Statement(I) in JDBC

public interface Statement
extends Wrapper, AutoCloseable

The object used for executing a static SQL statement and returning the results it produces.

By default, only one ResultSet object per Statement object can be open at the same time. Therefore, if the reading of one ResultSet object is interleaved with the reading of another, each must have been generated by different Statementobjects. All execution methods in the Statement interface implicitly close a statment’s current ResultSet object if an open one exists.

Example:

package practice;

import java.sql.Connection;
import java.sql.DatabaseMetaData;
import java.sql.Date;
import java.sql.DriverManager;
import java.sql.ResultSet;
import java.sql.SQLException;
import java.sql.Statement;

public class CheckInsertTable {
public static void main(String[] args) throws SQLException {
String url = “jdbc:oracle:thin:@localhost:1521:xe”;
String uname = “system”;
String pwd = “madhu”;
String Tablename = “Tagnames_companies”;
Check_Insert_Commit_Connection_Interface object = new Check_Insert_Commit_Connection_Interface();
Connection connection = object.makeConnection(url, uname, pwd);
connection.setAutoCommit(true);
Statement statement = connection.createStatement();
boolean b = object.checTableExists(connection, Tablename);
System.out.println(b);
if (!b) {
object.createNewTable(Tablename, statement);
boolean b2 = object.checTableExists(connection, Tablename);
System.out.println(b2);
if (b2) {
object.insetTheRecords(statement, Tablename);
object.readTheTable(Tablename, statement);
statement.close();
connection.close();
} else {
System.out.println(“Some problem…………!”);
}
} else {
System.out.println(“Table already exists…..!”);
}
}
}

class Check_Insert_Commit_Connection_Interface {
public boolean checTableExists(Connection connection, String tablename) throws SQLException {
Boolean boolean1 = false;
DatabaseMetaData md = connection.getMetaData();
String[] strings = { “TABLE” };
ResultSet rs = md.getTables(null, null, “%”, strings);
while (rs.next()) {
if (rs.getString(3).equalsIgnoreCase(tablename)) {
boolean1 = true;
}
}
return boolean1;
}

public void readTheTable(String tablename, Statement statement) throws SQLException {
ResultSet resultSet = statement.executeQuery(“select * from ” + tablename);
while (resultSet.next()) {
System.out.println(resultSet.getString(1));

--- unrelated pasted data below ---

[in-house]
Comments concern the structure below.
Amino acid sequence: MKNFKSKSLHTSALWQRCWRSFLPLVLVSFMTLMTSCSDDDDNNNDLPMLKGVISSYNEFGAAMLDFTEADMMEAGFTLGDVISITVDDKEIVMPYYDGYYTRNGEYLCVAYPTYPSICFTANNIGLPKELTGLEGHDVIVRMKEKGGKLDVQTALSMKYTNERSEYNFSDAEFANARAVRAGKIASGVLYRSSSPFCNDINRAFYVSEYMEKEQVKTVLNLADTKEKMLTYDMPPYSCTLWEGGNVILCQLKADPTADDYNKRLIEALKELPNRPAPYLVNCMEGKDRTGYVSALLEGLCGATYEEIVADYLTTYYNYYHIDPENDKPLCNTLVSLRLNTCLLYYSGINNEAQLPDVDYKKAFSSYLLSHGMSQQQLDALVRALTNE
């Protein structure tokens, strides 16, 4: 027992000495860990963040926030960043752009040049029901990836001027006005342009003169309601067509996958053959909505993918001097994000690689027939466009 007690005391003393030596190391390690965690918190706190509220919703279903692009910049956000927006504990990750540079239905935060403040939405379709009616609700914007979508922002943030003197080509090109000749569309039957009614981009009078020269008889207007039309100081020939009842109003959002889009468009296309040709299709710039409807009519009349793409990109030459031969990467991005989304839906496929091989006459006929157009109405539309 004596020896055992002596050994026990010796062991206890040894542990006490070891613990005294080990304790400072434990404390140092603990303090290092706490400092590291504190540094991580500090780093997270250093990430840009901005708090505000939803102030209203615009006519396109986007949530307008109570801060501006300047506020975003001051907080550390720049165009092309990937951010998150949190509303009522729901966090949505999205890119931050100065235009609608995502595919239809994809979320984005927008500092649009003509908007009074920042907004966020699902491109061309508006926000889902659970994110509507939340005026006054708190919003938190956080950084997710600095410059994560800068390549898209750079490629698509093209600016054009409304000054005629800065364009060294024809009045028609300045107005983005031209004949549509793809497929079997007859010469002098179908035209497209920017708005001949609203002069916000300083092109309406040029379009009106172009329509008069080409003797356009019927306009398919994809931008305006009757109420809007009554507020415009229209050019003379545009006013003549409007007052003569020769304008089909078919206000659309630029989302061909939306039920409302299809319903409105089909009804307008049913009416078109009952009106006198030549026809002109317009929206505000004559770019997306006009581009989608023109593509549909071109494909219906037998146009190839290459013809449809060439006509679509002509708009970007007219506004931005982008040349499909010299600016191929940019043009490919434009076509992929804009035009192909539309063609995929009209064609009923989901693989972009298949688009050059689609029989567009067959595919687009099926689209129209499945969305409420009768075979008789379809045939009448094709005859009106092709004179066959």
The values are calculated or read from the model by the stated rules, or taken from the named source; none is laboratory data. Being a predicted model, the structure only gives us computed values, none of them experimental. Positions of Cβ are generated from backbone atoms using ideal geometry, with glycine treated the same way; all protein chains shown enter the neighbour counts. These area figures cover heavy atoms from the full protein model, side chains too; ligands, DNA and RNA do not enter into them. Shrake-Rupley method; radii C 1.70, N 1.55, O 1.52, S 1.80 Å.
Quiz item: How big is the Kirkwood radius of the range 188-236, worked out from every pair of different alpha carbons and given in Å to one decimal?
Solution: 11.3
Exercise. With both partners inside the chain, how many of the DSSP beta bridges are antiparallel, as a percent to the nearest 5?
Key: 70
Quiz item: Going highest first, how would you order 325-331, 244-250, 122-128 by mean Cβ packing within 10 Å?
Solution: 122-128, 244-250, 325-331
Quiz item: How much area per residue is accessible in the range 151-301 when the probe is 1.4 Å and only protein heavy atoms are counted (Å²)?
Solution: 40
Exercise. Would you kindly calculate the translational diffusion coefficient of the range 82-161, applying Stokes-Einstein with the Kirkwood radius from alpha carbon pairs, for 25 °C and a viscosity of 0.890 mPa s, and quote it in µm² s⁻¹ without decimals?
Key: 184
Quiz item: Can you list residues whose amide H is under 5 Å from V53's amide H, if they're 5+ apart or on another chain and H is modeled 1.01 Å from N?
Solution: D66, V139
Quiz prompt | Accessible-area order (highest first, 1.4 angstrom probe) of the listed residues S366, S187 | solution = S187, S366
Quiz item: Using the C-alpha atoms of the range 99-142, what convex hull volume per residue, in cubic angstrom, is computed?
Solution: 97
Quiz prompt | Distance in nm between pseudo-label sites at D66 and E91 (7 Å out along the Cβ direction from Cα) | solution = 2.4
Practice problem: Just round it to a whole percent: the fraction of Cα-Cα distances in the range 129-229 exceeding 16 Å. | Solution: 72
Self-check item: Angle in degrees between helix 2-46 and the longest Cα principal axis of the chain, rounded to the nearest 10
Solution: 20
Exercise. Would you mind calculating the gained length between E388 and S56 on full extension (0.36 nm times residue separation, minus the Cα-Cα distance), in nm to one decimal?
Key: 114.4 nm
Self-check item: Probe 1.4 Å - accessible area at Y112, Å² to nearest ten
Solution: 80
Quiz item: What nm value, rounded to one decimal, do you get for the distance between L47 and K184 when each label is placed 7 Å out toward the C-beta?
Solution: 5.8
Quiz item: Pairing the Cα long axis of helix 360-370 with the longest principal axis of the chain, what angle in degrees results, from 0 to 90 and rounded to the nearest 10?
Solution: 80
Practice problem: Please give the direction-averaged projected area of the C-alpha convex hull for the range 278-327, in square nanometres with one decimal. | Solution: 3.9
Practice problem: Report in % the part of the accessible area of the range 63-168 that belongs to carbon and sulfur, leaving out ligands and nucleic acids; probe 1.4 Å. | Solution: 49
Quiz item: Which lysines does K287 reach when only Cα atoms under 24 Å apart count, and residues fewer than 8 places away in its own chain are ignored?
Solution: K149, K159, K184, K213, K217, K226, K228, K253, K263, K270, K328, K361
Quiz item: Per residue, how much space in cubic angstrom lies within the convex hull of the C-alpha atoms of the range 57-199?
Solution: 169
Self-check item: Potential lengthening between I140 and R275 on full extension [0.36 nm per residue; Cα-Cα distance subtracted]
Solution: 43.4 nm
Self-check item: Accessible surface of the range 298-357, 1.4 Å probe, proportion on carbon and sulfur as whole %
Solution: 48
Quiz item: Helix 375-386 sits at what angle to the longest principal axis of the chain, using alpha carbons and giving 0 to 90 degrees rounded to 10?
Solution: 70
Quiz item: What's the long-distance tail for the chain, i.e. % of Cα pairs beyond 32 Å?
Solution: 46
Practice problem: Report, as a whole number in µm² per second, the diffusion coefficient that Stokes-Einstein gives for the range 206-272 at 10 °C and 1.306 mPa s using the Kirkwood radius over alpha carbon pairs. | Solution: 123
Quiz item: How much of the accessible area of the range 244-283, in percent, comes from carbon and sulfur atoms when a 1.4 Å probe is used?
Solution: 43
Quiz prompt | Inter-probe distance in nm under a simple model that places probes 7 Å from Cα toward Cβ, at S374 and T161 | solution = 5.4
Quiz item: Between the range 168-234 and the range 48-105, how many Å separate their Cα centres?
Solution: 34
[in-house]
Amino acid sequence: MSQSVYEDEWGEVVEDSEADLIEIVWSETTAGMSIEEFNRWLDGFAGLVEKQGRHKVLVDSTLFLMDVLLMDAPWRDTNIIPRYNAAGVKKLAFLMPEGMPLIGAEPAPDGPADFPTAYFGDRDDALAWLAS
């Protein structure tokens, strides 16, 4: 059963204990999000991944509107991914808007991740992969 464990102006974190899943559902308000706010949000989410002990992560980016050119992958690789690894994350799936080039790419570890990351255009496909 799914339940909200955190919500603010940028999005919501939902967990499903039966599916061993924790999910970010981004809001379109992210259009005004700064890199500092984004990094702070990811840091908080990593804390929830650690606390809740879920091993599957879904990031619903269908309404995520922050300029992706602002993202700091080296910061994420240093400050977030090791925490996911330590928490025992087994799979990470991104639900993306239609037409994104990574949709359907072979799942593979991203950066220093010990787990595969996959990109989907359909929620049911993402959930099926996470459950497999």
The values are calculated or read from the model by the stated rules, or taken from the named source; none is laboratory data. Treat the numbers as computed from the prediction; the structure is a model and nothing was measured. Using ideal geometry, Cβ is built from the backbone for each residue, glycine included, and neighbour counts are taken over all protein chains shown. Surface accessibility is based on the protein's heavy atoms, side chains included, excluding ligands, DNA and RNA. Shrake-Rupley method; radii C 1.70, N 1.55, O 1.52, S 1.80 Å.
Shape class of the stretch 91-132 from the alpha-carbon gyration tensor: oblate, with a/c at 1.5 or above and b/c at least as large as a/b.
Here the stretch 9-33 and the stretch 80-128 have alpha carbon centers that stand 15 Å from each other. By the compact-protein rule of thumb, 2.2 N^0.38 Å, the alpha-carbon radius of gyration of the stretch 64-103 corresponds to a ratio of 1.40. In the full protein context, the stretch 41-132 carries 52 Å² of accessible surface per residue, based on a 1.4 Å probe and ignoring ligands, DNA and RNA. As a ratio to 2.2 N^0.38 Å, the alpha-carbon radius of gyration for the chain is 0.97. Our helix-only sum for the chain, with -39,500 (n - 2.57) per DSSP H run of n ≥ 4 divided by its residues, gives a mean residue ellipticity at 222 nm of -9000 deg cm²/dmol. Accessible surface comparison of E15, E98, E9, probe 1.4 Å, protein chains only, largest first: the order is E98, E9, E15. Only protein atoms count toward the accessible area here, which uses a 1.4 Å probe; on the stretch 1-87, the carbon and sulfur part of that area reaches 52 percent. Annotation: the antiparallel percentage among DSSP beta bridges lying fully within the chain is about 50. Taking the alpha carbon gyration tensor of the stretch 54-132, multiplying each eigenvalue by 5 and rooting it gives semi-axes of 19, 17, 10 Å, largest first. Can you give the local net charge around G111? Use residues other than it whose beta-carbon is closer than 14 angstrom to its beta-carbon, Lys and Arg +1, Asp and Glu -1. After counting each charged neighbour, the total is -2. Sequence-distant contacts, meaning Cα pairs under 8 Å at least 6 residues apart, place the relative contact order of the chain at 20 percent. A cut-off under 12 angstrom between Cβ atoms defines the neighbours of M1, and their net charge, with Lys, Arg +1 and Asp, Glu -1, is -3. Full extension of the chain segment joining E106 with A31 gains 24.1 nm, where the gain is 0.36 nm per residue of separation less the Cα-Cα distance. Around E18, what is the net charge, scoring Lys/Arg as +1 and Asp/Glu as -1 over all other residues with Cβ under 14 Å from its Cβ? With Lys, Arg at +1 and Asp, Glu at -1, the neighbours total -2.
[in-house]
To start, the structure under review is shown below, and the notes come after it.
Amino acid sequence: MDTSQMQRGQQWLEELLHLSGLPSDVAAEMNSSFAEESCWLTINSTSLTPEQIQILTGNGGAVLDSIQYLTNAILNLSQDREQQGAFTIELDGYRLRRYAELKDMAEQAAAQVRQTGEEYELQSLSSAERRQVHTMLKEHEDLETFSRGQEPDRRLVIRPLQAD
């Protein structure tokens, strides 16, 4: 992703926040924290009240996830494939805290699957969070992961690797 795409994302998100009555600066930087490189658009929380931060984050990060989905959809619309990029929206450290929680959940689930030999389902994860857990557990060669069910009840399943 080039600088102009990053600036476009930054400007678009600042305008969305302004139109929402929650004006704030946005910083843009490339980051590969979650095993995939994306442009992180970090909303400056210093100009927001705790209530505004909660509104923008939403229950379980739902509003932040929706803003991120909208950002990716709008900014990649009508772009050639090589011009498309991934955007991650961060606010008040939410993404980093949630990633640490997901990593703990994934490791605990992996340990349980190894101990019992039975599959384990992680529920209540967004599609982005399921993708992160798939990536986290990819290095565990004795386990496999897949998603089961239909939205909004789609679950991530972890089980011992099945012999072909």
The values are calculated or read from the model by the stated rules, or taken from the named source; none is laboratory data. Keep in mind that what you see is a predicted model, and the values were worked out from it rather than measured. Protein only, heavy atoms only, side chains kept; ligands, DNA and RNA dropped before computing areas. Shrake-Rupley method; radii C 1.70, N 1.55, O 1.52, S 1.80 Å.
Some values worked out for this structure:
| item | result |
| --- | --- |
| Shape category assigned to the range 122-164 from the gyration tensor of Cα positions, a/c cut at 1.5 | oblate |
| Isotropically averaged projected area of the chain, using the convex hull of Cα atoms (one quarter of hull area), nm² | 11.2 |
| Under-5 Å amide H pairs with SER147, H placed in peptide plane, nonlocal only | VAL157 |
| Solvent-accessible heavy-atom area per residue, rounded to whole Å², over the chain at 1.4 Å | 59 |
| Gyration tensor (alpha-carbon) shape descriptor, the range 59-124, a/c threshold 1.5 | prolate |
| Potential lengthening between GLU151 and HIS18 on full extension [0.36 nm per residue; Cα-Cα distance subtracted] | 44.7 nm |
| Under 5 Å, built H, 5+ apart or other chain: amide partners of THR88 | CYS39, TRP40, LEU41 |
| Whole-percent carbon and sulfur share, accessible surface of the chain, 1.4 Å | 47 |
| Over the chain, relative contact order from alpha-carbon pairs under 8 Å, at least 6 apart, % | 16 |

System.out.println(resultSet.getString(2));
System.out.println(resultSet.getString(3));
System.out.println(“————————————“);
}
}

public void insetTheRecords(Statement statement, String tablename) {
try {
statement.execute(“INSERT INTO ” + tablename + ” (COMPANY_ID,COMPANYNAME,COMPANYTAGNAME,CREATED_DATE) ”
+ “VALUES (1,’Tcs’,’Experience The Certainity’,TO_DATE(‘1989-12-09′,’YYYY-MM-DD’))”);
statement.execute(“INSERT INTO ” + tablename + ” (COMPANY_ID,COMPANYNAME,COMPANYTAGNAME,CREATED_DATE) ”
+ “VALUES (2,’Infosys’,’Powered by Intellect,Driven by values’,TO_DATE(‘1989-12-09′,’YYYY-MM-DD’))”);
statement.execute(“INSERT INTO ” + tablename + ” (COMPANY_ID,COMPANYNAME,COMPANYTAGNAME,CREATED_DATE) ”
+ “VALUES (3,’Pega Sysytems’,’Build for the change’,TO_DATE(‘1989-12-09′,’YYYY-MM-DD’))”);
} catch (SQLException e) {
e.printStackTrace();
}
}
public void createNewTable(String tablename, Statement statement) {
String createTableSQL = “CREATE TABLE ” + tablename + “(” + “COMPANY_ID NUMBER(5) NOT NULL, ”
+ “COMPANYNAME VARCHAR(20) NOT NULL, ” + “COMPANYTAGNAME VARCHAR(40) NOT NULL, ”
+ “CREATED_DATE DATE NOT NULL, ” + “PRIMARY KEY (COMPANY_ID) ” + “)”;
try {
int no = statement.executeUpdate(createTableSQL);
System.out.println(no);
} catch (SQLException e) {
e.printStackTrace();
}
}

public Connection makeConnection(String url, String uname, String pwd) {
Connection connection = null;
try {
connection = DriverManager.getConnection(url, uname, pwd);
} catch (SQLException e) {
e.printStackTrace();
}
return connection;

}
}

output:

false
0
true
1
Tcs
Experience The Certainity
————————————
2
Infosys
Powered by Intellect,Driven by values
————————————
3
Pega Sysytems
Build for the change
————————————

db_comapanies_statement

Dis-advantages of Statement(I):

  • Only Static queries are available i.e no run time submission of arguments to a sql query.
  • SQL injection problem.

Advanatges:

  • In the long run, yes. If you are only running it once, no – but then it doesn’t matter because you are only running it once.
  • Best for DDL COMMANDS: CREATE,ALTER,DROP AND TRUNCATE.

    In practice you should always start with a PreparedStatement and only downgrade to a Statement if you have proven a performance problem.

Reference:

Statement Versus PreparedStatement

There’s a popular belief that using a PreparedStatement object is faster than using a Statement object. After all, a prepared statement has to verify its metadata against the database only once, while a statement has to do it every time. So how could it be any other way? Well, the truth of the matter is that it takes about 65 iterations of a prepared statement before its total time for execution catches up with a statement. This has performance implications for your application, and exploring these issues is what this section is all about.